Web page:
Some of the episode just has people asking jack if he knows anything, which he doesn’t. So it’s back to good old detective gut instincts. Diego finds a note from Cobb’s blood sister, Eloise, that mentions how Cobb was shunned by his mother after he finally found her, and that she wanted to get to know him. Cobb never read this letter, so this is, of course, why a teenage girl is always one of his victims, because he’s taking his frustrations out on girls that remind him of Eloise. Why was she loved and not him? I dunno, maybe she didn’t harbor murderous urges.
Rebecca, who feels terrible about getting another person hurt, homesteads in Cobb’s old cell, where she puts together a makeshift scope, made from a cut up magazine and lenses. She stares out of the cell, realizing that this is probably all Cobb did with his time. From this, she extrapolates that he must be using one of two buildings with vantage points that could be seen from Cobb’s cell. Sure enough, they track him to it, and use the knowledge of the letter to distract him long enough to take him down. Great moment when Hauser shoots Cobb in his shooting hand. Cobb is then put in his own cell near Jack. The two share a look. There’s history there.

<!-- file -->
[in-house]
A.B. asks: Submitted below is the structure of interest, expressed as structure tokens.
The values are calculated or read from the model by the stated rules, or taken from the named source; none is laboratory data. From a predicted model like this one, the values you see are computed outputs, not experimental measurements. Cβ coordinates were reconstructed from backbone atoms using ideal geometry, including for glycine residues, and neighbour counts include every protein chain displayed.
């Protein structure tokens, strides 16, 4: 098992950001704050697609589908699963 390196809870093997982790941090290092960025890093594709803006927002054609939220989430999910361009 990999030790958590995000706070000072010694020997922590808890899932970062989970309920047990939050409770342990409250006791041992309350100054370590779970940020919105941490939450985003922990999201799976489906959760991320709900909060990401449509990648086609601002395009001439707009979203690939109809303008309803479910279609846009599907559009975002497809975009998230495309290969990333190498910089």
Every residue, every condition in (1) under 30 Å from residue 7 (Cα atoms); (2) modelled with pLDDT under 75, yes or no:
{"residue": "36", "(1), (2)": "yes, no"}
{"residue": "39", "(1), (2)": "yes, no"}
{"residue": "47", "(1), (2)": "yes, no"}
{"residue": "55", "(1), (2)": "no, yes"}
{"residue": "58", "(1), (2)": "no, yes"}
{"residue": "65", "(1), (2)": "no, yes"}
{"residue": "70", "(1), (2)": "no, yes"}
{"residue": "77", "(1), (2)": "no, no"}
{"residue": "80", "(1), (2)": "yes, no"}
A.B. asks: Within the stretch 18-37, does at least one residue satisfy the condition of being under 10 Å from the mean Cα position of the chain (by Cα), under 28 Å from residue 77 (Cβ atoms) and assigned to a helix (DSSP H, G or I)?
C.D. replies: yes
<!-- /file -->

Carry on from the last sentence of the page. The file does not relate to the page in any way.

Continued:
This episode’s surprise ending comes in a flashback where the warden sets Cobb up with a doctor to get inside his head to diagnose his illness. This doctor… was Lucy, looking exactly the same. So it appeared her attempted murder was intentional after all.
I quite enjoyed the time taken to show Cobb’s pathology without really explaining it. It was all too clean and clutter-free, of course, but I applaud the effort. Less enjoyable was Cobb’s introduction, where he off-handedly gave the warden sharpshooting advice (“Drop your shoulder”) that immediately proved useful to him as he shot cans with a rifle. Corny. When Diego has completely realistic problems being around teenage corpses, Rebecca waves them away with a smarmy half-speech about how she needs him. Corny.
If it can drop this faux sincerity and realize that a little camp never hurt anybody, Alcatraz could become a genuine pleasure, instead of what will probably become a guiltier one. I guess we have another 254 prisoners to judge things properly.
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Nick is a Cajun Country native, and is often asked why he doesn't sound like that's the case. His love for his wife and daughters is almost equaled by his love of gasp-for-breath laughter and gasp-for-breath horror. A lifetime spent in the vicinity of a television screen led to his current dream job, as well as his knowledge of too many TV themes and ad jingles.